Plan to Turn Lake into Mine Dump Angers Newfoundlanders
A lake with the humble name of Sandy Pond on the east coast of Newfoundland has become the focal point of a heated debate about how far a community should go to accommodate economic development.
A 38-hectare headwater lake near Long Harbour on the Avalon Peninsula, Sandy Pond has been slated by mining giant Vale Inco for use as a tailings dump for its proposed $2-billion nickel processing plant.
While the region desperately needs the jobs, environmental concerns are on everyone’s mind in an area still recovering from the toxic fallout from a phosphorous processing plant that ran for 40 years in Long Harbour.
Destroying a perfectly good lake by using it as a receptacle for about 400,000 tonnes of mine effluent annually is also not sitting well with many locals, including Andy Murphy, a recreational and commercial fisherman who regularly goes fishing at Sandy Pond.
The pond contains trout, rainbow smelt and American eel, an endangered species. It is also used a lot by locals, says Murphy, adding that about 100 people attended a fishing contest there on the Victoria Day long weekend.
“This is probably the best pond in Newfoundland for the size of the trout — there’s huge trout in it. Creating employment is all right but not at this expense. An awful lot of people in this community are dead set against it,” says Murphy.
Besides depositing effluent into Sandy Pond, the plant would emit over 500,000 kilograms of chemicals including lead, sulphur dioxide and sulphuric acid into the air every year, according to Vale Inco’s environmental impact statement.
But as far as Murphy is concerned, the worst move of all is the company’s plan to build a 6-kilometre pipeline running out into Placentia Bay to dispose of 1.6 billion gallons of additional effluent a year, depositing it right in the heart of the codfish spawning grounds.
Local fishermen are extremely worried that the fishery, which was finally beginning to bounce back after being adversely affected by waste from Erco’s phosphorous mine, will again be devastated, says Murphy.
“Anybody with a brain in their head wouldn’t allow this. It’s definitely going to destroy every lobster and salmon and cod that’s there.”
During a CBC Radio show people from all over Newfoundland called in to voice their anger to the proposed nickel plant. But there are also those who feel Sandy Pond can be sacrificed if that’s what it takes to bring employment to the region.
Among those supporting the plant are Placentia Mayor Bill Hogan and Long Harbour-Mount Arlington Heights Mayor Gary Keating.
“The development is a great opportunity in many ways not only for our community but for the province,” says Hogan, adding that if Vale Inco were to build a tailings receptacle it would be far more environmentally damaging than using Sandy Pond.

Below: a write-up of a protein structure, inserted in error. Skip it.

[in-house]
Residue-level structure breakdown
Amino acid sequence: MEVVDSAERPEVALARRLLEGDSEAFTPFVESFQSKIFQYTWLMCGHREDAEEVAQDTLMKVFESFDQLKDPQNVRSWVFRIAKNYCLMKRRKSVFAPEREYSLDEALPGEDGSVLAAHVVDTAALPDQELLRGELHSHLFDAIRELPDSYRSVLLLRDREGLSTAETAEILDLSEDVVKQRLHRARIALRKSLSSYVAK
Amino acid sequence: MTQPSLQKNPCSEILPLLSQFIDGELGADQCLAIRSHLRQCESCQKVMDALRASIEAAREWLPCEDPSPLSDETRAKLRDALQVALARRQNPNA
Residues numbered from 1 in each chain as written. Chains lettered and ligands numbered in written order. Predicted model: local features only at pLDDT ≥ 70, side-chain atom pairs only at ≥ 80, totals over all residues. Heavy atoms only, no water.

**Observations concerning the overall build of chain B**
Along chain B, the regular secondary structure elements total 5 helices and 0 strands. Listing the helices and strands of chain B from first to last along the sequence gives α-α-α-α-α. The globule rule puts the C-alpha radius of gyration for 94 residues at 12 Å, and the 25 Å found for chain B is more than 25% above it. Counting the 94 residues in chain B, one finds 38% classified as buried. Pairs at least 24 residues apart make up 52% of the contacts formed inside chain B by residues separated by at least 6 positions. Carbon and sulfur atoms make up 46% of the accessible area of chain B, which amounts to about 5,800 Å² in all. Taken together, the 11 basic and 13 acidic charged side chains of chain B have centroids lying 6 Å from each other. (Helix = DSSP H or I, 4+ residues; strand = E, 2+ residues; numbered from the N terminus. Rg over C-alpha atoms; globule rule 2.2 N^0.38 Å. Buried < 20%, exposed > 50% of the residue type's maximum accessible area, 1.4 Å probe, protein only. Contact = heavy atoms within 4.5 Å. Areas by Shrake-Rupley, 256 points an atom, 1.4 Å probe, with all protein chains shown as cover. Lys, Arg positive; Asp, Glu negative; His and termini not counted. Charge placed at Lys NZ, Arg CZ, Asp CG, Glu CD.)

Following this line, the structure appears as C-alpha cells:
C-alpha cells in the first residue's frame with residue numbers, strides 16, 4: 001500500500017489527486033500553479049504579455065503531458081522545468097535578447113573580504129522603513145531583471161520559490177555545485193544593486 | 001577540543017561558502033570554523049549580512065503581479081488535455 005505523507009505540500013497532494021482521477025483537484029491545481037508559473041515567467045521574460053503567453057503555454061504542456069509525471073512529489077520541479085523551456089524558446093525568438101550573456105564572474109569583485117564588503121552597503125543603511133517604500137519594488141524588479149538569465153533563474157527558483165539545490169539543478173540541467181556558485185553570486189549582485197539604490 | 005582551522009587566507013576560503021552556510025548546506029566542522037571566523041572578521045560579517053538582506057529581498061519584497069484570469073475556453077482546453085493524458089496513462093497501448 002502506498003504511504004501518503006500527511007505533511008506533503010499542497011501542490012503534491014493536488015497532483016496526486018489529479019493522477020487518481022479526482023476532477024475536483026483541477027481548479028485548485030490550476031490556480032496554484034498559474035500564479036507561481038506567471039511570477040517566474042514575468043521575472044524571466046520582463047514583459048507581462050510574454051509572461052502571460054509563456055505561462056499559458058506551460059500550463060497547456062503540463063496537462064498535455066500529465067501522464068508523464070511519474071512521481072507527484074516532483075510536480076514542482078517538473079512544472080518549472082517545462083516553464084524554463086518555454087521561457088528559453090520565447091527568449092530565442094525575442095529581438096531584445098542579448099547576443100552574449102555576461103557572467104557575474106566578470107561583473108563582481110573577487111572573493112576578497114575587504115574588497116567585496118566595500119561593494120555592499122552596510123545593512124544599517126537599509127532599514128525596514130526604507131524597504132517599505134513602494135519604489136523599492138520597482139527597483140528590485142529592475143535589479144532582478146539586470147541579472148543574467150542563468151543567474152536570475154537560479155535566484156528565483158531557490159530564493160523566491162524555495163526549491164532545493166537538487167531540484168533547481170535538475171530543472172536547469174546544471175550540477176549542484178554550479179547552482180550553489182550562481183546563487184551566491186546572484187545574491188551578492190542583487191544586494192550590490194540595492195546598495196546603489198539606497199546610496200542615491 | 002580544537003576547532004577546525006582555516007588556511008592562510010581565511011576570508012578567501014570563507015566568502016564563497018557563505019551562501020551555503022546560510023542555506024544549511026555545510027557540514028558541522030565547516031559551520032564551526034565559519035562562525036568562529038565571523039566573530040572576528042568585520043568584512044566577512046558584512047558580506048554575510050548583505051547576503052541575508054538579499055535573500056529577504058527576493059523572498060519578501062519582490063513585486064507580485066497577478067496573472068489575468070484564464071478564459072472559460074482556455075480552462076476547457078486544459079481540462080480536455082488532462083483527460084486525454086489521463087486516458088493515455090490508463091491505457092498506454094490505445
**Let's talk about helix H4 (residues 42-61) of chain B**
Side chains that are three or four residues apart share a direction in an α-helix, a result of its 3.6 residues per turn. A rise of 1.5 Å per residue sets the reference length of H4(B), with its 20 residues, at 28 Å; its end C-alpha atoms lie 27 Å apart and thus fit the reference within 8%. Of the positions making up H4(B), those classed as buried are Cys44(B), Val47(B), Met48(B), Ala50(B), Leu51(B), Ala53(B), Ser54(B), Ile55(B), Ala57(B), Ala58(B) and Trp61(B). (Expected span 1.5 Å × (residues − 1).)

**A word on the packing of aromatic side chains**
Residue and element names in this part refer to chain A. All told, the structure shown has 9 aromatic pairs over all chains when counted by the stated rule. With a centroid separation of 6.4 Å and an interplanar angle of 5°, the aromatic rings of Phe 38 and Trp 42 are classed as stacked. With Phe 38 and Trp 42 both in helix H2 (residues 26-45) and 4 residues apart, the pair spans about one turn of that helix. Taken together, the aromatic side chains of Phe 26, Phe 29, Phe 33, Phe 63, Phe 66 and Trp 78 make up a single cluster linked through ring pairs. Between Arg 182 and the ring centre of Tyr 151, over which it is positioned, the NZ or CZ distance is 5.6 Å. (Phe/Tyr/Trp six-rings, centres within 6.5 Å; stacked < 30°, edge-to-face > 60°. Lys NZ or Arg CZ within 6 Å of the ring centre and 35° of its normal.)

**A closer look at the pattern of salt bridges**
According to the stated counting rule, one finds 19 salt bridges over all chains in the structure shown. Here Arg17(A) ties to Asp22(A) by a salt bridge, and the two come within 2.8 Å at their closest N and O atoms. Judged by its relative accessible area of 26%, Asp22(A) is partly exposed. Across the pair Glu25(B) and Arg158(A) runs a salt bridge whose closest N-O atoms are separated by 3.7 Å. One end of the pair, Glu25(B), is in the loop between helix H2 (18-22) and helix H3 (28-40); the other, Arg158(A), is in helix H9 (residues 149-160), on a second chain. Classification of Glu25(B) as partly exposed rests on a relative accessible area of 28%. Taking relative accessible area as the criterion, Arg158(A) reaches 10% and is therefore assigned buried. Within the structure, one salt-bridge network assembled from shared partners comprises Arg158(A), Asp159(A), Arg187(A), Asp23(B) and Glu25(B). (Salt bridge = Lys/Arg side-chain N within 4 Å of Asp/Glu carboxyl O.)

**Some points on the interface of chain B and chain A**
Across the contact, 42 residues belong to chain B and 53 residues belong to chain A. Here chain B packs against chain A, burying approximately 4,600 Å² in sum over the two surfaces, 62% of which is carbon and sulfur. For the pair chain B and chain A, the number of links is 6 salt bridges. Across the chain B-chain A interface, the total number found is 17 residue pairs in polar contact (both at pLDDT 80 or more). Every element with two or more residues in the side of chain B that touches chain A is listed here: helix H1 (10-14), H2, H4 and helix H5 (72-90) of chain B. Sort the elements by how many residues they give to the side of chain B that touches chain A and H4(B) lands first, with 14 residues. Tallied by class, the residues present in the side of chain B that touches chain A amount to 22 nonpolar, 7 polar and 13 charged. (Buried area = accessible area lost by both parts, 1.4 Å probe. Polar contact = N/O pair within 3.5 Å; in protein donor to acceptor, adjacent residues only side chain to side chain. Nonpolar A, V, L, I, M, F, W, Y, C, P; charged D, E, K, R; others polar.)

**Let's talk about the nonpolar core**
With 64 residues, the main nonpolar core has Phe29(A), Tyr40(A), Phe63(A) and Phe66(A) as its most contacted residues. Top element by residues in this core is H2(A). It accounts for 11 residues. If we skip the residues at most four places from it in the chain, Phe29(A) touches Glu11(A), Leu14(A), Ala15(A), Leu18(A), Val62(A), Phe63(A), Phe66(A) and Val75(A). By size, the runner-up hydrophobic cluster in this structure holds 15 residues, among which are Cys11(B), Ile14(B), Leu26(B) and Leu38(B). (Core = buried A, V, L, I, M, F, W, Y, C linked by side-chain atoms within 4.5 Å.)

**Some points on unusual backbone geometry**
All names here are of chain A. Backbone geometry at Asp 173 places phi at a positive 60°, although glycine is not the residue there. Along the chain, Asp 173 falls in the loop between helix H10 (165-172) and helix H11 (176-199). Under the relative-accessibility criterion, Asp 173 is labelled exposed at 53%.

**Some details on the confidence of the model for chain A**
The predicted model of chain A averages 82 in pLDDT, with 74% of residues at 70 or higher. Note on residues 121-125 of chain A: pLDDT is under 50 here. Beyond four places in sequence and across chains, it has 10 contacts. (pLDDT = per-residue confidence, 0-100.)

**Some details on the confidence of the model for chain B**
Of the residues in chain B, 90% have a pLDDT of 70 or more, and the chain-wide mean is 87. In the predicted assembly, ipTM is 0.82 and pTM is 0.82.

However, Vale Inco has an added incentive. A man-made tailings pond would cost $490 million whereas converting Sandy Pond would cost only $62 million, according to Mining Watch Canada.
While it’s illegal under the Fisheries Act to dump toxic material into fish-bearing waters, the government amended the act in 2002 to allow natural bodies of water to be used as “tailings impoundment areas.”
Since then, 11 so-called Schedule Two lakes across the country are being eyed by mining companies for this purpose, with eight of them expected to be processed in 2008.
The Duck Pond Mine, also in Newfoundland, involves two lakes that were approved in 2006 and are currently being used as tailings ponds. Two in Nunavut are the next to go, one of which will be pressed into service for a gold mine that only has enough ore to last for two years, says Catherine Coumans of Mining Watch.
The practice is not allowed in Quebec or New Brunswick, and neither is it permitted in the United States or any other countries. This means that many international mining companies are increasingly showing an interest in doing business in Canada because using a lake is so much cheaper than constructing a man-made tailings pond, says Coumans.
“It’s a complete subsidy to the industry,” she says. “They’re essentially taking a public good and sacrificing it, giving this public good to the industry to be destroyed and it will be destroyed forever.”
Coumans adds that there was such an outcry surrounding the Duck Pond project that a lengthy consultation process took place before it was given the go-ahead. But Environment Canada has since shortened the time allowed for public input, making it hard for communities to effectively put up a fight to save their lakes.
So far, only one lake, Duncan Lake in British Columbia, has been turned down, and this is because it went before a joint panel which rejected the proposal.